And, we shall not forget the unique discovery that forever has changed the history of our Speos - the rock cut temple - previously regarded as the work of Pharaoh Horemheb, but now with a chronology that is pushed back to the times of the female Pharaoh Hatshepsut, and with restoration work carried out by the famous boy-king Tutankhamun. 

Detail from within the speos showing the left partition of the usurped boat scene. Notice the small, square apertures

Wow, what a year it was! And to those amazing finds, Madam Silsila has delivered so incredibly much more... Rock Art, (more) Quarry Marks, Texts, demotic ostraca... the list goes on (...and includes some that you will have to wait a bit for).

So, with this post we would like to express our gratefulness towards all people involved in the work here at Silsila; all our scientists, assistants, inspectors, friends and family! Let us hope for another year of fantastic news for Madam Silsila!

And a new and exciting season has already begun! Here are some captured moments:

moon over Silsila

the place where it all begun back in 2007

Horus, our protector!

learning how to use a camera starts in early years around here

photographing a beauty through a rope hole...
and there was the beauty...

lovely visit from Prof. Cruz

Mr. Mohamed Abdalla, our inspector

Shihat working the prism magic

Moamen and Shihat mapping out 'Elephant Rock'

can it get any better?!

oh well, we guess it can

and until next time, safe journeys friends!

Acknowledgements are here in order for our sponsors for this season, including NATIONAL GEOGRAPHIC SOCIETY and Gerda Henkel Stiftung! We would also like to express our deepest gratitude towards the Glen Dash Foundation for sponsoring the Silsila Team with our Total Station!

Thursday, December 24, 2015

Six NK Statues and Intact Relief Scenes Discovered in Gebel el Silsila!

This great discovery was made possible only through the active support and professional cooperation with the inspectorate of Kom Ombo, under General Director Mr. Abd el Menum, and the inspectorate of Aswan, under General Director Mr. Nasr Salama, and all their fantastic and hard working inspectors assigned to the project! Also, no work could have been completed without the entire Silsila team, with extremely hard-working archaeologists, dedicated Egyptologists, assistants and volunteers. Above and beyond the discovery is really the result of one man's dedication and understanding of the landscape and architecture - John Ward - who was convinced there was something hiding behind the Nile grass and spoil... Thank you all!

The official press release:
Ministry of Antiquities
Press Office
Six New Kingdom Statues Found in Aswan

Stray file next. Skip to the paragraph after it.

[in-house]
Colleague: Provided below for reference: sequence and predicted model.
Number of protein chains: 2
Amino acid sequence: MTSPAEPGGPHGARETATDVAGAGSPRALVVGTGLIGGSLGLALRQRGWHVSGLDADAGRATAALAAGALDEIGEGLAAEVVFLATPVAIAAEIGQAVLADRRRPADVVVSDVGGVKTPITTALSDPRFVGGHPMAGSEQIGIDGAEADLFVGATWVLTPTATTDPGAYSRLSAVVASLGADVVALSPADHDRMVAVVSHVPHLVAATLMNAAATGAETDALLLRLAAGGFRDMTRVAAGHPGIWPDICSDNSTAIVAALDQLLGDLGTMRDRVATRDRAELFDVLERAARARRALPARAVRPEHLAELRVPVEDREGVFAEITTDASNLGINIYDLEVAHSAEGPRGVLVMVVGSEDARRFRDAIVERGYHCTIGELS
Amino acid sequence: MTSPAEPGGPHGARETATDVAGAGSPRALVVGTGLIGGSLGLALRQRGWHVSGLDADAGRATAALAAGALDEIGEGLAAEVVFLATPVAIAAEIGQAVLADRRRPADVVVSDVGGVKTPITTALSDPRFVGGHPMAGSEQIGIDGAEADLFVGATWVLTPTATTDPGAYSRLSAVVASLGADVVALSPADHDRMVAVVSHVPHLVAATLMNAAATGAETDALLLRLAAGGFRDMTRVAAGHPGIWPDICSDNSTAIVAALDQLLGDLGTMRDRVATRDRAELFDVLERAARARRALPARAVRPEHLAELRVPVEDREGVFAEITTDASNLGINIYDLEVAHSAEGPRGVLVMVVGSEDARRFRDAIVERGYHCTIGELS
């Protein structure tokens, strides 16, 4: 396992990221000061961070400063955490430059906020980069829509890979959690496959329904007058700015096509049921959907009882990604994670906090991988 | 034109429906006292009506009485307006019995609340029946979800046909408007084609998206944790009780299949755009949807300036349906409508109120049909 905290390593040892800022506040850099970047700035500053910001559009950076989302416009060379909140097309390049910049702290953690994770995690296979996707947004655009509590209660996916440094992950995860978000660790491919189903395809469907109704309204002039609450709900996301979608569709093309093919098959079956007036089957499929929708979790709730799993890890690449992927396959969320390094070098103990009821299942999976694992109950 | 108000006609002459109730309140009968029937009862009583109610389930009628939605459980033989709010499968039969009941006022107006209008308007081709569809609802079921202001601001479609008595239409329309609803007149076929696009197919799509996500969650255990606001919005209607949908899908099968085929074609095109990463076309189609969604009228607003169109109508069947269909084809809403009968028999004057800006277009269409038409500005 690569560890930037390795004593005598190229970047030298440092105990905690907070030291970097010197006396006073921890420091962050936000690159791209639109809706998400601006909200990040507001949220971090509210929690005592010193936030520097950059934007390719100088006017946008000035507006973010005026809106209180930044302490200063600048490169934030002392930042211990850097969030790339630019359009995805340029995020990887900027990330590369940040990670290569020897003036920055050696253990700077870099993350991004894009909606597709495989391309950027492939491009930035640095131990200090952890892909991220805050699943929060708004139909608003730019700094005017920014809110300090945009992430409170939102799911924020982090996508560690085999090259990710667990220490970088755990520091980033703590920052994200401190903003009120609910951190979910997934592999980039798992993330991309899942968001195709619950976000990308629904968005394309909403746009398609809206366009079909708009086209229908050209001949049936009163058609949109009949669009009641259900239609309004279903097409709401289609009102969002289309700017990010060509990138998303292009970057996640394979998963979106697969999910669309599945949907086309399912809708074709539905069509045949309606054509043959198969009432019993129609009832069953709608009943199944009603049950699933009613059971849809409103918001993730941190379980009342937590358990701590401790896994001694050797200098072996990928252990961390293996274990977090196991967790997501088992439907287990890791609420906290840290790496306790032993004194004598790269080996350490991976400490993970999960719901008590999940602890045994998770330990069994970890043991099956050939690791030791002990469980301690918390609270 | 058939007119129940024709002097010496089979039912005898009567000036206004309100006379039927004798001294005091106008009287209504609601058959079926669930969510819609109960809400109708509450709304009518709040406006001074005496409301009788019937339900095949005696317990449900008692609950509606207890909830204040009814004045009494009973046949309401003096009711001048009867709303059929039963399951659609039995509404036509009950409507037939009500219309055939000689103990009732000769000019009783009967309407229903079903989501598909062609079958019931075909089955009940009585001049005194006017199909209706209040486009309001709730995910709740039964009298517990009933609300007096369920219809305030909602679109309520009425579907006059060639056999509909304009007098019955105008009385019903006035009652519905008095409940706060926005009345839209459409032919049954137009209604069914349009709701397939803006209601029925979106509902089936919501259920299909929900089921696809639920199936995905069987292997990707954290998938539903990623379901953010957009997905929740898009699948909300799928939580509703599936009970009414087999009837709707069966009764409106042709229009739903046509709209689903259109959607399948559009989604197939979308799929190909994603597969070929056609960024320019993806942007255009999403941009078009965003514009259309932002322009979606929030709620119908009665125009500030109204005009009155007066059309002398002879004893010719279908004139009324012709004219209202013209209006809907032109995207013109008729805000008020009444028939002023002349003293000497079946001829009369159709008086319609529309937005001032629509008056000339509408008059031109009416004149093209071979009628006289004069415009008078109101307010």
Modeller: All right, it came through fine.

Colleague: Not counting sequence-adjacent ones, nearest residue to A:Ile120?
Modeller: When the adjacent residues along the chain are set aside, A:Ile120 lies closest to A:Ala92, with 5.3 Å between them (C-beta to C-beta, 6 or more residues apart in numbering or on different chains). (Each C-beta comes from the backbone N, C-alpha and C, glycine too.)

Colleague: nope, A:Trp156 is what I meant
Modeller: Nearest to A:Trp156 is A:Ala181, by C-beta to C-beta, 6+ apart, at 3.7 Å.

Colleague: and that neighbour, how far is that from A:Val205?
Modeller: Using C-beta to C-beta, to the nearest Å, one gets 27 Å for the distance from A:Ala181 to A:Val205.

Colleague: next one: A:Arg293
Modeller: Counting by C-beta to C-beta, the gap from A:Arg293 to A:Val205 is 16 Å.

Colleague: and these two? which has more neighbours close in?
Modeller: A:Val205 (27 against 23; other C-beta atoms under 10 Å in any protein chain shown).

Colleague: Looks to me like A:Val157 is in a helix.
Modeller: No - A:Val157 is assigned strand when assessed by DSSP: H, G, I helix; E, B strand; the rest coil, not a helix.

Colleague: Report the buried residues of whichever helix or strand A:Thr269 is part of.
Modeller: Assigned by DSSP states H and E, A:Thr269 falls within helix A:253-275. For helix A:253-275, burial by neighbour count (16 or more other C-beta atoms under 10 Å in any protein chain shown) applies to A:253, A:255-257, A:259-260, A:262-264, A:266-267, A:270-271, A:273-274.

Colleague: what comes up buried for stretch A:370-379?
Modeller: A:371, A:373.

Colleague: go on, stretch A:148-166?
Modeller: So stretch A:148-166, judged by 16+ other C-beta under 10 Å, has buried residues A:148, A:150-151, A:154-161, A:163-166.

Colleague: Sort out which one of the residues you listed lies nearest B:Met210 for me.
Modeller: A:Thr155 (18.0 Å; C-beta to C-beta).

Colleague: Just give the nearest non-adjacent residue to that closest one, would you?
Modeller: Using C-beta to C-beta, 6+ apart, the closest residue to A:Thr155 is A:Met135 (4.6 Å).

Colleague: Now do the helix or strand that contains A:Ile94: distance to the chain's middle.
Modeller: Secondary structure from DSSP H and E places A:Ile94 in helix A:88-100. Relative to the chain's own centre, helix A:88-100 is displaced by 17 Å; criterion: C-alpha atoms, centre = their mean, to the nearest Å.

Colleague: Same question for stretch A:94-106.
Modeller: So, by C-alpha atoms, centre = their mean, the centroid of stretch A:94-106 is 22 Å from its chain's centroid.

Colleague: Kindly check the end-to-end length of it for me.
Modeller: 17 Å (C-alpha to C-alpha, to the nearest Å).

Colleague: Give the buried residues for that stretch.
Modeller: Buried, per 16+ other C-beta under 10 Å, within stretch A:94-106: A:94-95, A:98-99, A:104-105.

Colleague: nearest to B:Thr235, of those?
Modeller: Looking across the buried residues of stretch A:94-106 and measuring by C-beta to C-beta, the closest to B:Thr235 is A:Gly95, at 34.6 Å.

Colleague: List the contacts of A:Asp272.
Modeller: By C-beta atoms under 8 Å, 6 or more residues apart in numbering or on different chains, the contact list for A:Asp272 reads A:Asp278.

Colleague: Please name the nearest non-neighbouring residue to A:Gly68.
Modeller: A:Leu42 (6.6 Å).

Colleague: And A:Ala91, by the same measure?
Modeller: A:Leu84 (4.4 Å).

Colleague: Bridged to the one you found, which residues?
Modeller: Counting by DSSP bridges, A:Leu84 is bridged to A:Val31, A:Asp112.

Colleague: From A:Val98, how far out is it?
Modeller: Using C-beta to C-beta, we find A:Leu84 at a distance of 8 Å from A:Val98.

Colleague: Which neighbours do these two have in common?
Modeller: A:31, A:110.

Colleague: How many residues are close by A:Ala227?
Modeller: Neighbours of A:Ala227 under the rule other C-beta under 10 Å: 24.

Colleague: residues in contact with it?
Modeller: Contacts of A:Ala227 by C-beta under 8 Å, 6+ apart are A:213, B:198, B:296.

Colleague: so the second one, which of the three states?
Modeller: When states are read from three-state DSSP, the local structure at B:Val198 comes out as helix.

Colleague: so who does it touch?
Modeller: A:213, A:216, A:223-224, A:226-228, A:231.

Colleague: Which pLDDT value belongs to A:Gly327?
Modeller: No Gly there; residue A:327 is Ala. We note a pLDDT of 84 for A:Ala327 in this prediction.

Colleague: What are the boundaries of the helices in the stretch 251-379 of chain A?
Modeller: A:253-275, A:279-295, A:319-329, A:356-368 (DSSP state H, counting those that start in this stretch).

Antiquities Minister Dr. Mamdouh Eldamaty announced today the
discovery of 6 rock cut statues inside the chapels 30 and 31
in Gebel Elselsela Area- North Aswan. The discovery was made
during the excavation works performed by Lund University
Mission - Sweden headed by Maria Nilsson and John

Eldamaty said that this is an important discovery because Gebel
Elselsela was subjected to an earthquake in ancient times
beside the erosion effects which made it completely covered
with huge blocks, a situation that lead "Caminos" an Egyptologist
to report Chapel 30 as totally demolished. However, the mission
succeeded in terminating the cleaning and survey works inside
the two chapels and uncover the statues.

On the other hand, Dr. Mahmoud Afifi, Head of the Ancient
Egyptian Antiquities said that the six statues date back to
the New Kingdom Era, two of them were found at the rear of
chapel 30 and they are the statues of the tomb owner and
his wife seated on a chair. The tomb owner is represented
in the Osirian position, his arms crossed over his chest
and wearing a shoulder length hair wig. The wife on the
other hand is represented putting her left arm on her
husband's shoulder while her left arm on her chest.

The other four statues, added Afifi, were found at the rear
of chapel 31 and they belong to "neferkhewe", Overseer of
the Foreign Lands during the reign of "Thutmosis III", his
wife, his daughter and son.
Finally, General Manager of Aswan Archaeological Area, Nasr
Salama said that the Swedish Mission which started its work
in 2012 will continue its excavation works in the area trying
to discover more inside the 32 chapels of Gelbel Elselsela,
emphasizing the importance of this area in particular because
it was where the blocks used in building the temples were
cut from.

© Ministry of Antiquities, Press Office
Wrote Asmaa Mostafa
Translated by: Eman Hossni

Monday, June 22, 2015

Digital documentation of the Speos at Silsila

inside the speos, looking south

Any visitor to Egypt who had the pleasure of sailing up or down the Nile past the river’s narrowest point has had the opportunity of gazing into (or even visit) the petite, but intriguing and stunning rock-cut temple on the west bank of Gebel el Silsila. This temple was epigraphically documented already during the last century by R. Caminos, who intended to publish the results as the second volume of his envisioned three monographs of the site. However, as many of you know, with his passing a large bulk of his work remained unpublished, and it was not until more recently – in year 2000 – that Ch. Thiem finally published preliminary results that supposedly were based on Caminos’ work.

the speos seen from the Nile

However, much remained to be done still, for which the current archaeological team’s Egyptologist and epigrapher – Dr. Philippe Martinez – returned to the rock-cut temple in 2014, and with results that forever would change our perception of the monument. Among the more important findings is a series of iconographic (illustrated) details that push back the chronology of the temple – with examples of images belonging to Tutankhamen, but also a Nile vessel of early 18th Dynasty date carrying an obelisk, comparable in size and style with the famous barque of Female Pharaoh Hatshepsut in Deir el Bahri – but also details that suggest a religious idiom very different from what has been proposed before. Now, this is not the place to go deeper into the various findings of Dr. Martinez, especially as a series of articles are currently prepared, but instead we will focus on the documentation that has allowed Dr. Martinez to take the epigraphic work one or a few steps further from the days of Caminos’ analogue recordings.